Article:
I have The Great Game sitting on my shelf as Pax Pamir fan fiction, that I still need to read! But I'll have to add this to my list. It doesn't help that our library has been surplusing books on the era and region that I have been slurping up like a whale slicing through a cloud of minnows.

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12 Sep 2017 12:32 - 12 Sep 2017 12:48 #254116 by ThirstyMan
I picked up Alan Moore's Jerusalem over the summer. I decided to buy this on the back of reading Providence (comic book) by the same but this is leagues ahead.

What a great thrill ride. His writing is just excellent. It's a biggie though and clocks in at more than 1000 pages.

It's about Blake, Bunyan, James Joyce, Northampton and the Eternal City and spans hundreds of years. At times written like an SF story and at other times like a thriller. One of the early vignettes about a man, in the 1850s, painting St Paul's dome in London is undoubtedly one of the most frightening and heart rending stories I have ever read. I was moved to tears. He writes in a variety of literary forms including social realism, children's fantasies, stage drama and extreme science fiction. This man is a genius.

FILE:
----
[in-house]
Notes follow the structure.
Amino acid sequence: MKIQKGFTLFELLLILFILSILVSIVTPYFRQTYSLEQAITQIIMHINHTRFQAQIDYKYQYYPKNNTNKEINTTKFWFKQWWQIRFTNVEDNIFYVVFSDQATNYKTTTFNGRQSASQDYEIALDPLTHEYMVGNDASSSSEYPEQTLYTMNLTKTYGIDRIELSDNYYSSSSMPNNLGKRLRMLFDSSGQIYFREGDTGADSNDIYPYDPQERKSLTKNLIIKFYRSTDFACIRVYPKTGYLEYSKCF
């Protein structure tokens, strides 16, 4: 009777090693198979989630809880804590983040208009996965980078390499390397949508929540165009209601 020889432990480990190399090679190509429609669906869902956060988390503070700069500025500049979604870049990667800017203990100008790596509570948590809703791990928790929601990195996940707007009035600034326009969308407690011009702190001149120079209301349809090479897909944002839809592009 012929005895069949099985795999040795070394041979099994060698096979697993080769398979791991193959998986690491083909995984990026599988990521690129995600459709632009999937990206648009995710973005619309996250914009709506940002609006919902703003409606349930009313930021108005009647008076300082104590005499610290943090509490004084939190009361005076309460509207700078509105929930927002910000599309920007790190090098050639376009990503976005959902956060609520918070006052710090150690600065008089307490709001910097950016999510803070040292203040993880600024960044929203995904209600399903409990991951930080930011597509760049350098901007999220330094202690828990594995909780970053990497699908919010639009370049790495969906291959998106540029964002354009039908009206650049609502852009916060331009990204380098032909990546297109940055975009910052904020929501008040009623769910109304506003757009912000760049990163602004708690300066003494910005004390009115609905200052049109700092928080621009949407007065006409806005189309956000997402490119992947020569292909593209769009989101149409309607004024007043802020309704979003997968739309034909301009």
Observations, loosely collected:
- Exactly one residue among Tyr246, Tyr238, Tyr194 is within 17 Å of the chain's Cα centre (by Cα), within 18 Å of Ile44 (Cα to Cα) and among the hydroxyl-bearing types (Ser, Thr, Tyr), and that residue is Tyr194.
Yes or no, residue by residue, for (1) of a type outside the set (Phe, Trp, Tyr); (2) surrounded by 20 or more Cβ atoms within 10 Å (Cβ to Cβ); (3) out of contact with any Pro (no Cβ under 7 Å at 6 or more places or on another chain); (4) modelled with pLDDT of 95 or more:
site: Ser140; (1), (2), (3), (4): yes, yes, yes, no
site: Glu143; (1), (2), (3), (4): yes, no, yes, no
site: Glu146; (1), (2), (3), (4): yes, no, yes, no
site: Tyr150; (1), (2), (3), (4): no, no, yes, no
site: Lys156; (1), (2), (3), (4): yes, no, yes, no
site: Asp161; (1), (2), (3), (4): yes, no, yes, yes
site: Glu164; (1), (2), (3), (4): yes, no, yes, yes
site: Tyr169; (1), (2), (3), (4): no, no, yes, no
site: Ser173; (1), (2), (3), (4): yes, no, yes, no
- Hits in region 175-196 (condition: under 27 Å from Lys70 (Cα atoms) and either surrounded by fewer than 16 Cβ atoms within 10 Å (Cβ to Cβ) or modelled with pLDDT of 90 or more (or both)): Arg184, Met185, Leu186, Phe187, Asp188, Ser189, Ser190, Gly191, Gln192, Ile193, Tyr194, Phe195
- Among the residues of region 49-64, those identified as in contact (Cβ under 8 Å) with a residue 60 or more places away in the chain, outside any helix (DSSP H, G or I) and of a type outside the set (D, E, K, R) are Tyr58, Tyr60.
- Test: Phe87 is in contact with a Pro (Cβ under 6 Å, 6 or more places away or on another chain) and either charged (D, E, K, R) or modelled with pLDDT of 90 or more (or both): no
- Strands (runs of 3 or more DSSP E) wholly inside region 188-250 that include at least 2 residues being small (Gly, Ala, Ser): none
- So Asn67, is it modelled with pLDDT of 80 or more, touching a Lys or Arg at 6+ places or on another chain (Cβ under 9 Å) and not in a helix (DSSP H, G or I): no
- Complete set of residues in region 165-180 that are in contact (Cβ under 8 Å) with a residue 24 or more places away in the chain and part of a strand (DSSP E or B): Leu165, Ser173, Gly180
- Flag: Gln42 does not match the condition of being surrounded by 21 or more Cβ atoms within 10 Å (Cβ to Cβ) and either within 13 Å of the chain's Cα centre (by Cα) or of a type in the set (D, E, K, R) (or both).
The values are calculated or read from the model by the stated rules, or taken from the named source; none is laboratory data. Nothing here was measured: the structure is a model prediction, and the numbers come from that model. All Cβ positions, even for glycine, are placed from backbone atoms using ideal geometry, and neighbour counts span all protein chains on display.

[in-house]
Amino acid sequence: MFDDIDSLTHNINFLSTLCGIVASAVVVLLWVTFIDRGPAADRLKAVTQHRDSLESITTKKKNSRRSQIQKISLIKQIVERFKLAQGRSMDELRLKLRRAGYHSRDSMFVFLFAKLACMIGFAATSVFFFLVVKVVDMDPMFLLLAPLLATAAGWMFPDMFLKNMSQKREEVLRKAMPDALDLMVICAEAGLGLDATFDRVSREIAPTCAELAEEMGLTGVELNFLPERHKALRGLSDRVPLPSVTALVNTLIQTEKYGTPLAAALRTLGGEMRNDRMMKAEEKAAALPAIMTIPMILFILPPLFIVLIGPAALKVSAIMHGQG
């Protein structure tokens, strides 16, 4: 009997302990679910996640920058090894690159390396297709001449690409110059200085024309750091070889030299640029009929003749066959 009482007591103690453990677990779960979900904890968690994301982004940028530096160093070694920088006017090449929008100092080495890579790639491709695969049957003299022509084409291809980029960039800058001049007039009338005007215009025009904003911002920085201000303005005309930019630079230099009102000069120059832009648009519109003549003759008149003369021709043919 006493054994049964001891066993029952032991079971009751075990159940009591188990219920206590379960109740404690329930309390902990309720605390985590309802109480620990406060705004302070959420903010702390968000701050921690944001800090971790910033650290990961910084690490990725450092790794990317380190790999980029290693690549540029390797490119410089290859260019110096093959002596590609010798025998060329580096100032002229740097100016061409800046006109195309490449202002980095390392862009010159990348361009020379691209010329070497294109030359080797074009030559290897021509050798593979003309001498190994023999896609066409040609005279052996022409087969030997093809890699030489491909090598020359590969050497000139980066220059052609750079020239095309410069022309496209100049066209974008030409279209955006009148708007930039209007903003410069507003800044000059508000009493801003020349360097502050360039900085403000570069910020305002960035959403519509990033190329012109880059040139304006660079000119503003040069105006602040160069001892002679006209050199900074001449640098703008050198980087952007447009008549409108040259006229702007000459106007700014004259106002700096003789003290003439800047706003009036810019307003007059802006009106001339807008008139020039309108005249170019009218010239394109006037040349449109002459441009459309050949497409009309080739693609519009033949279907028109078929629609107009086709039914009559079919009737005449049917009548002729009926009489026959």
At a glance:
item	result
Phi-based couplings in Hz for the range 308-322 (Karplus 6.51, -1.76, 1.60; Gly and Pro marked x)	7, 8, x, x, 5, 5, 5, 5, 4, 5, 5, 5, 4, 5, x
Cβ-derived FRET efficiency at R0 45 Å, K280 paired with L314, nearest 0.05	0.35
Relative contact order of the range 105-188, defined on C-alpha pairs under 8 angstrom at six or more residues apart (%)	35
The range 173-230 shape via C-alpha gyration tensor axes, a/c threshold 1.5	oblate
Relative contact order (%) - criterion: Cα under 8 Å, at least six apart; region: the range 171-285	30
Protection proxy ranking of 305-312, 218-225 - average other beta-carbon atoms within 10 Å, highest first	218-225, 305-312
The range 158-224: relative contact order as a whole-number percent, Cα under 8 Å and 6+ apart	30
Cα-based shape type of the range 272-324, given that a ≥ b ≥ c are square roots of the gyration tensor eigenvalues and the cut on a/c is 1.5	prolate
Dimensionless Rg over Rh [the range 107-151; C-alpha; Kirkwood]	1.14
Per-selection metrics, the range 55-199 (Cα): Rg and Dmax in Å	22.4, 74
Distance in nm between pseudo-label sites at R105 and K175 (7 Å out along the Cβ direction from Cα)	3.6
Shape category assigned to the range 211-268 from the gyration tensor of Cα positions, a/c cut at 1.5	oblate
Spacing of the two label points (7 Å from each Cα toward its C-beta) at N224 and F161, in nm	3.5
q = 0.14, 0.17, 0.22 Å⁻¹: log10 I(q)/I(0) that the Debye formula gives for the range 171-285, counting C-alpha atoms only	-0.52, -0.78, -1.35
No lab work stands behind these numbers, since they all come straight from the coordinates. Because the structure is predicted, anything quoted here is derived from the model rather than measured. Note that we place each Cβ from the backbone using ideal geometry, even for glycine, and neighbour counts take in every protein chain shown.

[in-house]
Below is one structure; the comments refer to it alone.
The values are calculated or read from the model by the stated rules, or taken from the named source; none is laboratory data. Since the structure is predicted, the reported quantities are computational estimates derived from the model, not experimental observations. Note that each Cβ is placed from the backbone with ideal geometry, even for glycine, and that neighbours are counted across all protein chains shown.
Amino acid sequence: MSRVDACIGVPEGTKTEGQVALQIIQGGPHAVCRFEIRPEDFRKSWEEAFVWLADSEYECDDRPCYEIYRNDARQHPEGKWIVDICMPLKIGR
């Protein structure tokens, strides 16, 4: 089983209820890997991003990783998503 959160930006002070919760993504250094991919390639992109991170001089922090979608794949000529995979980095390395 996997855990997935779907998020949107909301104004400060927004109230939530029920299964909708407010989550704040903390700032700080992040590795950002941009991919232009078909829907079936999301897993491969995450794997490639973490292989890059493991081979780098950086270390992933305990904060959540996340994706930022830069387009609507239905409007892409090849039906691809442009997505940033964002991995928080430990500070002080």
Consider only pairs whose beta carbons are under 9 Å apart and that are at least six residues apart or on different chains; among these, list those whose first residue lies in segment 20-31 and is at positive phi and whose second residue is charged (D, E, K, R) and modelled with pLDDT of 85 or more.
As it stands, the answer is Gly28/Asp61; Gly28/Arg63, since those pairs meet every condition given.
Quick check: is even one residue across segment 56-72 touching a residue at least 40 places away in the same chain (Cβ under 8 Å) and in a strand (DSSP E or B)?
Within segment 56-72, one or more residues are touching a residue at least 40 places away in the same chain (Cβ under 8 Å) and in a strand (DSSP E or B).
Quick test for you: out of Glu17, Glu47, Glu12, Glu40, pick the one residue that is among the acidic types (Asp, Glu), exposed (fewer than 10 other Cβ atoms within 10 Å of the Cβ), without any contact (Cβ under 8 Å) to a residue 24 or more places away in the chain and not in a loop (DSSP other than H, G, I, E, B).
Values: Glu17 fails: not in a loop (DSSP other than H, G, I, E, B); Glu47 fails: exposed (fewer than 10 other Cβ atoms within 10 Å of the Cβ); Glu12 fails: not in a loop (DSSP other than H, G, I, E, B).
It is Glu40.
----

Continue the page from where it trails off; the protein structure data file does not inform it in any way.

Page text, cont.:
I'm telling you, this a must read by one of the great writers of our time.
Last edit: 12 Sep 2017 12:48 by ThirstyMan.
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12 Sep 2017 12:43 #254118 by Shellhead
Two recent books that I read were recent installments of their respective series:

Honky-Tonk Samurai, by Joe R. Lansdale, starring Hap Collins & Leonard Pine
The Perdition Score, by Richard Kadrey, starring Sandman Slim

Both books ended the same way, even though they are in different genres. They were published just months apart, in 2016, so it's probably just a coincidence.

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12 Sep 2017 13:49 #254123 by CranBerries

Shellhead wrote: Two recent books that I read were recent installments of their respective series:

Honky-Tonk Samurai, by Joe R. Lansdale, starring Hap Collins & Leonard Pine
The Perdition Score, by Richard Kadrey, starring Sandman Slim

Both books ended the same way, even though they are in different genres. They were published just months apart, in 2016, so it's probably just a coincidence.


I really liked the early Sandman Slim books but my interest wained after he took up residency in Hell. I need to return to those.

I finally read John LeCarre's The Spy Who Came in from The Cold . I had wrongly assumed that LeCarre got more cynical as his career progressed, but this book is as bleak as anything he's written. I really liked it.

I've read a bunch of his later stuff, and the experience of watching Tinker Tailor Soldier Spy after having listened to the audiobook years earlier was one of my top movie going experiences.